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put the point to bed, those powers are important, they will rarely be used, but when they are used, as in the case of the commanding officer of 2RTR, they should not be challenged.

My final point is that the relationship between a regimental commander, of whatever cap badge, and the police, is always difficult. It is difficult for people who have not served to understand the feeling of the regimental family. The regimental family is the building brick upon which the army is built. No matter what assaults are being made on that system at the moment, the fact remains that the battalion, 600 to 900 men, know and understand each other. Up until the new reforms that have been introduced recently, battalions could guarantee that they all came from the same territorial area. To introduce the Royal Military Police, or their equivalent, into the chain of command at this stage is to cut away at the authority and trust that subordinate commanders have in their commanding officers. It will be a detrimental move if the Royal Military Police, or their equivalent, the service police, are used in preference to the commanding officer, who, as has been said, will always refer to the legal authorities. That injures the regimental relationship— the same relationship as on a warship or an airfield—and I ask the Government to think carefully about the matter and to take it no further.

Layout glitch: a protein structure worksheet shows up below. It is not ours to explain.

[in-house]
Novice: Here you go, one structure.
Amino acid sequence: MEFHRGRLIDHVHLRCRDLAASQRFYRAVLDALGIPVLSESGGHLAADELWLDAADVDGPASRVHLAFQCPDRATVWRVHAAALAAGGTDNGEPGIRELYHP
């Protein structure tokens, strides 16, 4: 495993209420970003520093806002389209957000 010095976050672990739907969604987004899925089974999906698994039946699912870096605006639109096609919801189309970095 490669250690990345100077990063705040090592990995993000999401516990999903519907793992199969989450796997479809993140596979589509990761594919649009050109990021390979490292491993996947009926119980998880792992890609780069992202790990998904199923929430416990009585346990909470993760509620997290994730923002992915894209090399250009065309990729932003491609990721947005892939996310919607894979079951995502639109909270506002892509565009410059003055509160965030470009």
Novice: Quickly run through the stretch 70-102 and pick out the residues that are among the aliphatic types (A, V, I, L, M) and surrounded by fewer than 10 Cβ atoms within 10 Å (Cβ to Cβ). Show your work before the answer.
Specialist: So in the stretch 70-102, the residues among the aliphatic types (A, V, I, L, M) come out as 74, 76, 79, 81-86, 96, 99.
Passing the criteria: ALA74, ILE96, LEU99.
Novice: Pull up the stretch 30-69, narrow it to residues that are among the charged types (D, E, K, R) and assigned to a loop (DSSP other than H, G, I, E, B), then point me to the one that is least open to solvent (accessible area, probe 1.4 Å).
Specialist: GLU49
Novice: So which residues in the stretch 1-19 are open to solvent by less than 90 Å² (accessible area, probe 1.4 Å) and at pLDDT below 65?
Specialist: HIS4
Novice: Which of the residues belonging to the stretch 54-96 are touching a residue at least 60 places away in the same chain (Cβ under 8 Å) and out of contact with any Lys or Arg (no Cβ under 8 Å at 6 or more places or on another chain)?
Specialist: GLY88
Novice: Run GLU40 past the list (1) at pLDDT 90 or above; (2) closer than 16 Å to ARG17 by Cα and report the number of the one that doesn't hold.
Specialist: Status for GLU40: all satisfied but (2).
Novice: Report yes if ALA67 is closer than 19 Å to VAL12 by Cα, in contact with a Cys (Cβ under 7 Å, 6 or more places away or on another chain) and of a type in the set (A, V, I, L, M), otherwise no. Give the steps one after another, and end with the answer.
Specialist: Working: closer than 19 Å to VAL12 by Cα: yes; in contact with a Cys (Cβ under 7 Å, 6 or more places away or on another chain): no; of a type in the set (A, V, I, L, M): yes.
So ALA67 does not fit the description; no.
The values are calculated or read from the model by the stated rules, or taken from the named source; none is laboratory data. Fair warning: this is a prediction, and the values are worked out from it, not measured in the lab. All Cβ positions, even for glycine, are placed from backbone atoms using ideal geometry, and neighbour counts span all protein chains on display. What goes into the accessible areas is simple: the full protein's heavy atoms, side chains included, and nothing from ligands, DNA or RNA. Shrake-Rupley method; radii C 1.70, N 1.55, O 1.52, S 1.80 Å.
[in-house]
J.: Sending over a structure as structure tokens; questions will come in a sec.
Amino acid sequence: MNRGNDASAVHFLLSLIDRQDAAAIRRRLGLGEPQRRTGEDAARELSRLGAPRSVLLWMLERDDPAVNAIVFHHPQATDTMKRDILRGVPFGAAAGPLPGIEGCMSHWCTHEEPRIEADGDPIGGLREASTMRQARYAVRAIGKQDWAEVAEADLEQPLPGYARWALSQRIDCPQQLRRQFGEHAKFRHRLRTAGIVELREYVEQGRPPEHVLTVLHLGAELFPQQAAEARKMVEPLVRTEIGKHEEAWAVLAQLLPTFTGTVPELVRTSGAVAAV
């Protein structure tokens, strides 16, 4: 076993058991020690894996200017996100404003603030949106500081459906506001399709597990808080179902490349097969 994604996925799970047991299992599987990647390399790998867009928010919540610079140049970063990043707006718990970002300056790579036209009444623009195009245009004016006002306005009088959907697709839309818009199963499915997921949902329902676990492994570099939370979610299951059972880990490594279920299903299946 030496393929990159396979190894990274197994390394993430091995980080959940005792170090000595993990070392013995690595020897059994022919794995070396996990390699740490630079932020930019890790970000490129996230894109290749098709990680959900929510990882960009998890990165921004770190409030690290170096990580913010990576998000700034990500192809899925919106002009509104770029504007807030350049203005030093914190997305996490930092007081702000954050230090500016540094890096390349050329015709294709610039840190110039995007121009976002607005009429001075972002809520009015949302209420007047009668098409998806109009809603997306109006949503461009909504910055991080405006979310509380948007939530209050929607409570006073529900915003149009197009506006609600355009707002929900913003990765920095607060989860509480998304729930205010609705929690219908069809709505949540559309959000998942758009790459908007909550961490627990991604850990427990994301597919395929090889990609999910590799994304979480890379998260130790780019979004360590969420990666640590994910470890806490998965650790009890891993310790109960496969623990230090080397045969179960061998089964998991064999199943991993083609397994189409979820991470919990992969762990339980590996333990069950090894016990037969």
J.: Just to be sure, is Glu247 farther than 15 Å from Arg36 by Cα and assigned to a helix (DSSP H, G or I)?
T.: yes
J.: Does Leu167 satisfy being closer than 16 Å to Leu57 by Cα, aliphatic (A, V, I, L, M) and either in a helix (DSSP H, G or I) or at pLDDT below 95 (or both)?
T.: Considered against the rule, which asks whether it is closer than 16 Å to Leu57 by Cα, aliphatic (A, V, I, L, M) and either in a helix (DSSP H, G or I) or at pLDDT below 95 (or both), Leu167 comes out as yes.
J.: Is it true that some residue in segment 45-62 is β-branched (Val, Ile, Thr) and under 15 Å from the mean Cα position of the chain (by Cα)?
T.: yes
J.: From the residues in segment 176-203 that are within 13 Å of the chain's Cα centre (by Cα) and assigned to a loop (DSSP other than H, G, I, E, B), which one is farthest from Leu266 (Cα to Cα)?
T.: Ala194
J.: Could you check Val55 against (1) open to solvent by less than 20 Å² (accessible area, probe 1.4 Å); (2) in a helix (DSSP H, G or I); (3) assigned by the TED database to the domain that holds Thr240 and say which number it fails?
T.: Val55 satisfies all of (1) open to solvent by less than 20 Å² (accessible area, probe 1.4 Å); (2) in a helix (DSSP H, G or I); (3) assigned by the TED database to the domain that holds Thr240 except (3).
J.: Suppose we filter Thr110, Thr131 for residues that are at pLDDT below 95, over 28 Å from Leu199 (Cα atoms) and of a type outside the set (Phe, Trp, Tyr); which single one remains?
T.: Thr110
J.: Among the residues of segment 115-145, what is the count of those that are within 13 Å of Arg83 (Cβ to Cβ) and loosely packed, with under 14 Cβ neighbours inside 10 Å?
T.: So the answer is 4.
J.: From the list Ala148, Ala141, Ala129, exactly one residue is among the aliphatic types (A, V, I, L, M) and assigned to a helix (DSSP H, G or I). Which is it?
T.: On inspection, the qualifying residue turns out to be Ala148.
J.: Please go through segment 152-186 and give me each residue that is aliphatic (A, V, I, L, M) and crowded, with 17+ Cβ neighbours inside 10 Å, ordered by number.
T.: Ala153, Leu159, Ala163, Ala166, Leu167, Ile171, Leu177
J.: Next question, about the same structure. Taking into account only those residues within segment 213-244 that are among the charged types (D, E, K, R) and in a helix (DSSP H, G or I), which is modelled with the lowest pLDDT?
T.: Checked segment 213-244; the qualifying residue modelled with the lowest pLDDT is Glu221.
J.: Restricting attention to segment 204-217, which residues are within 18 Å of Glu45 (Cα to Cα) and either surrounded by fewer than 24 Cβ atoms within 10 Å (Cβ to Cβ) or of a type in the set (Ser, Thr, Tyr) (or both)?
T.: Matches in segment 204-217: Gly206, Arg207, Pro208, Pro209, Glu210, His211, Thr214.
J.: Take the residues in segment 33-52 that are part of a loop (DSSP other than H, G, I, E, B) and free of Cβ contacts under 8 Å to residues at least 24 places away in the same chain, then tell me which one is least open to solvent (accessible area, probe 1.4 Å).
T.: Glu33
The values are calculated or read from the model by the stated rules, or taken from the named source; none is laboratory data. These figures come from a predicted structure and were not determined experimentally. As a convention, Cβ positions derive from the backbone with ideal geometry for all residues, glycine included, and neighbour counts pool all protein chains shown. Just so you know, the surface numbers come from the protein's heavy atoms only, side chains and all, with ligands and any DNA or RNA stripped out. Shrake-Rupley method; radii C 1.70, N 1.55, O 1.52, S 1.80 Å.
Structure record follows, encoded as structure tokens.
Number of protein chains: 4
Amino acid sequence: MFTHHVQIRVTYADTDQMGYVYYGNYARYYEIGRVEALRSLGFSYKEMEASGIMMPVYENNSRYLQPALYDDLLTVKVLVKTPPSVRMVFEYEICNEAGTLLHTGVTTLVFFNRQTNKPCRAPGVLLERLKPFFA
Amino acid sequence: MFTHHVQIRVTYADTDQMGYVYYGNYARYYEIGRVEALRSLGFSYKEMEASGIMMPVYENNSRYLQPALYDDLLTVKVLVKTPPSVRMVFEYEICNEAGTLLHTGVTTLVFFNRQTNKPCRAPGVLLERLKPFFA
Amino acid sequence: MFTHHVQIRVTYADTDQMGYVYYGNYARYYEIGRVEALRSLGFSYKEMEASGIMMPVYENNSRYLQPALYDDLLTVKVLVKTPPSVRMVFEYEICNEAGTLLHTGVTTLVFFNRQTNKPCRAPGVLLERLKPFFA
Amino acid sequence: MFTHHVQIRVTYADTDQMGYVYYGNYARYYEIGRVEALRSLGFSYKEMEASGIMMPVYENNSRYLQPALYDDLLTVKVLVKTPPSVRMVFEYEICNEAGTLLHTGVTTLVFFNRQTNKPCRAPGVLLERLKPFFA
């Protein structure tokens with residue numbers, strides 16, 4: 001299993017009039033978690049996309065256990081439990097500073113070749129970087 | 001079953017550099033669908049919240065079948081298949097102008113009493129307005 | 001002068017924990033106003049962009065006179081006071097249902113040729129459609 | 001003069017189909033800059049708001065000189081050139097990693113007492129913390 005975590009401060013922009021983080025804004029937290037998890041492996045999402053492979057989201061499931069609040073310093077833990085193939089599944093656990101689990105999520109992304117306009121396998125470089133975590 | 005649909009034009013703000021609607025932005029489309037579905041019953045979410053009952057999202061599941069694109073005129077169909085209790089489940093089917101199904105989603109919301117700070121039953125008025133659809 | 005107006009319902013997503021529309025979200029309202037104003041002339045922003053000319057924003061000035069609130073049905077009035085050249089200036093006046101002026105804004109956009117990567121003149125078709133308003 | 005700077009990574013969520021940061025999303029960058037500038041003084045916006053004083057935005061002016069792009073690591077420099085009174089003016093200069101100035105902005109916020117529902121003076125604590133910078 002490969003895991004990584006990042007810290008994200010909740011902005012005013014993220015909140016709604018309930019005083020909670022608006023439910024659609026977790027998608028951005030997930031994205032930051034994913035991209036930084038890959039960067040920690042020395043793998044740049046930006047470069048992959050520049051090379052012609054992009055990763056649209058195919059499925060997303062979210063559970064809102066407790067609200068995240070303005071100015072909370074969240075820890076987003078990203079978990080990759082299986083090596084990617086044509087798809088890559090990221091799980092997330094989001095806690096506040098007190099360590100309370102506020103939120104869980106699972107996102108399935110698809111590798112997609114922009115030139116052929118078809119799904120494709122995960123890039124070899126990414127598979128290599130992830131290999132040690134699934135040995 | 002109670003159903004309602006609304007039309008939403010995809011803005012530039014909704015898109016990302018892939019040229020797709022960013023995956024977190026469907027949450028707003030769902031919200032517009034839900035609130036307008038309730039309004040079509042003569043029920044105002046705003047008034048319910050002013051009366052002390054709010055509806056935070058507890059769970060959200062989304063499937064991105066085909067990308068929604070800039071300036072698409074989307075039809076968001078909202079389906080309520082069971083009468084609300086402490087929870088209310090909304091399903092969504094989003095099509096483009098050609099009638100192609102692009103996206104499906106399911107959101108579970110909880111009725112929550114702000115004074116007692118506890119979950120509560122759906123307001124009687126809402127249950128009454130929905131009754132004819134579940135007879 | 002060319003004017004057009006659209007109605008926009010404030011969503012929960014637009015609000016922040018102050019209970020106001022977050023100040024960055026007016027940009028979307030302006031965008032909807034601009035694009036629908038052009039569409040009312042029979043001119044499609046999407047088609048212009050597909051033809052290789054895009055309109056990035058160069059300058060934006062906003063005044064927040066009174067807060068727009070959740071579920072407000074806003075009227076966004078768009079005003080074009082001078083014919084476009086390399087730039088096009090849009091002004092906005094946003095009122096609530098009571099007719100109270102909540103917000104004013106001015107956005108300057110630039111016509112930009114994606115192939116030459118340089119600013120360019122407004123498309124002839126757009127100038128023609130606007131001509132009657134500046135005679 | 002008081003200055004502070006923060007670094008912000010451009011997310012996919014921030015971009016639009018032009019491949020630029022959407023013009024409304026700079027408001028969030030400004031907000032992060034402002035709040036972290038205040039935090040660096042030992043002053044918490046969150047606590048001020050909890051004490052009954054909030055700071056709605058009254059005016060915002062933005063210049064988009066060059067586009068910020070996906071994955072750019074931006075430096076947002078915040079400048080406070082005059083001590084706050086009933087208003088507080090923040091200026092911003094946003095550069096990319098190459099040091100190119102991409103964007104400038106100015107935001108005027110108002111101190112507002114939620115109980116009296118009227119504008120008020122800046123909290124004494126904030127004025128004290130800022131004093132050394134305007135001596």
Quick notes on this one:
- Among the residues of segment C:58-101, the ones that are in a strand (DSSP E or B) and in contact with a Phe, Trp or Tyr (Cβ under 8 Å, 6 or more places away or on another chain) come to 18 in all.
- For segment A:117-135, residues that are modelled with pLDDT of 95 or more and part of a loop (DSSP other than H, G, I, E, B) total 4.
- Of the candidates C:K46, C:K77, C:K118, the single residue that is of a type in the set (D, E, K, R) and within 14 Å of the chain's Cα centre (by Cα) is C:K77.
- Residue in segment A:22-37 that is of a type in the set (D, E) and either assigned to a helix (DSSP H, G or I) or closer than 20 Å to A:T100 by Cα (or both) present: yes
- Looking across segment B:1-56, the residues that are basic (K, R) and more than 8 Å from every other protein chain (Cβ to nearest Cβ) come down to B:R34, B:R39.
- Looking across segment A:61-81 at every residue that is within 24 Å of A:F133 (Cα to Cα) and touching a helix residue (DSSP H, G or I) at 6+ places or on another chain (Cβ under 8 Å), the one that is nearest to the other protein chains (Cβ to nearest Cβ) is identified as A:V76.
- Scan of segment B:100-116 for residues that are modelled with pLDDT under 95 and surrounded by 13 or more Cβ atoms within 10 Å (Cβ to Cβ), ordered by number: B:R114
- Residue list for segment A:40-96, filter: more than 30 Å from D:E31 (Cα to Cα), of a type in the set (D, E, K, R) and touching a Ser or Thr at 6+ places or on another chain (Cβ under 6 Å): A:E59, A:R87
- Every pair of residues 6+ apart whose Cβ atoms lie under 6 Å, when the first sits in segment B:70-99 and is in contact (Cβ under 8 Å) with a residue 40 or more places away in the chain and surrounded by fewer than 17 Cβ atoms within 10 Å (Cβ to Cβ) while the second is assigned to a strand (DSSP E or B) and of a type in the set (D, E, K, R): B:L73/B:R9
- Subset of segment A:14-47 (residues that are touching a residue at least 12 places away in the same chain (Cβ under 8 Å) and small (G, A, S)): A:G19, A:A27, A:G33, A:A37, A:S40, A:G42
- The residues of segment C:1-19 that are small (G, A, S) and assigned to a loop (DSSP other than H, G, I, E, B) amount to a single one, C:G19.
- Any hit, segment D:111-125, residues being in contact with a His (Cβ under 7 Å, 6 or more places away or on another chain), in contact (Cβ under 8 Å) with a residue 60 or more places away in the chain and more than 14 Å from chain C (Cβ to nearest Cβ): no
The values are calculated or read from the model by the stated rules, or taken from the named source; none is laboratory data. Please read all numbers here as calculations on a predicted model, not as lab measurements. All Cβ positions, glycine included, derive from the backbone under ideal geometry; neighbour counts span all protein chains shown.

Mr. Benyon: As is the way of things, my points have been eloquently made by my hon. Friends the Members for Canterbury (Mr. Brazier) and for Newark (Patrick Mercer), so I shall be brief and make just one or two further points. I am very concerned about the implications of the clause and the effect that it will have on the relationship between commanding officers and those who serve them.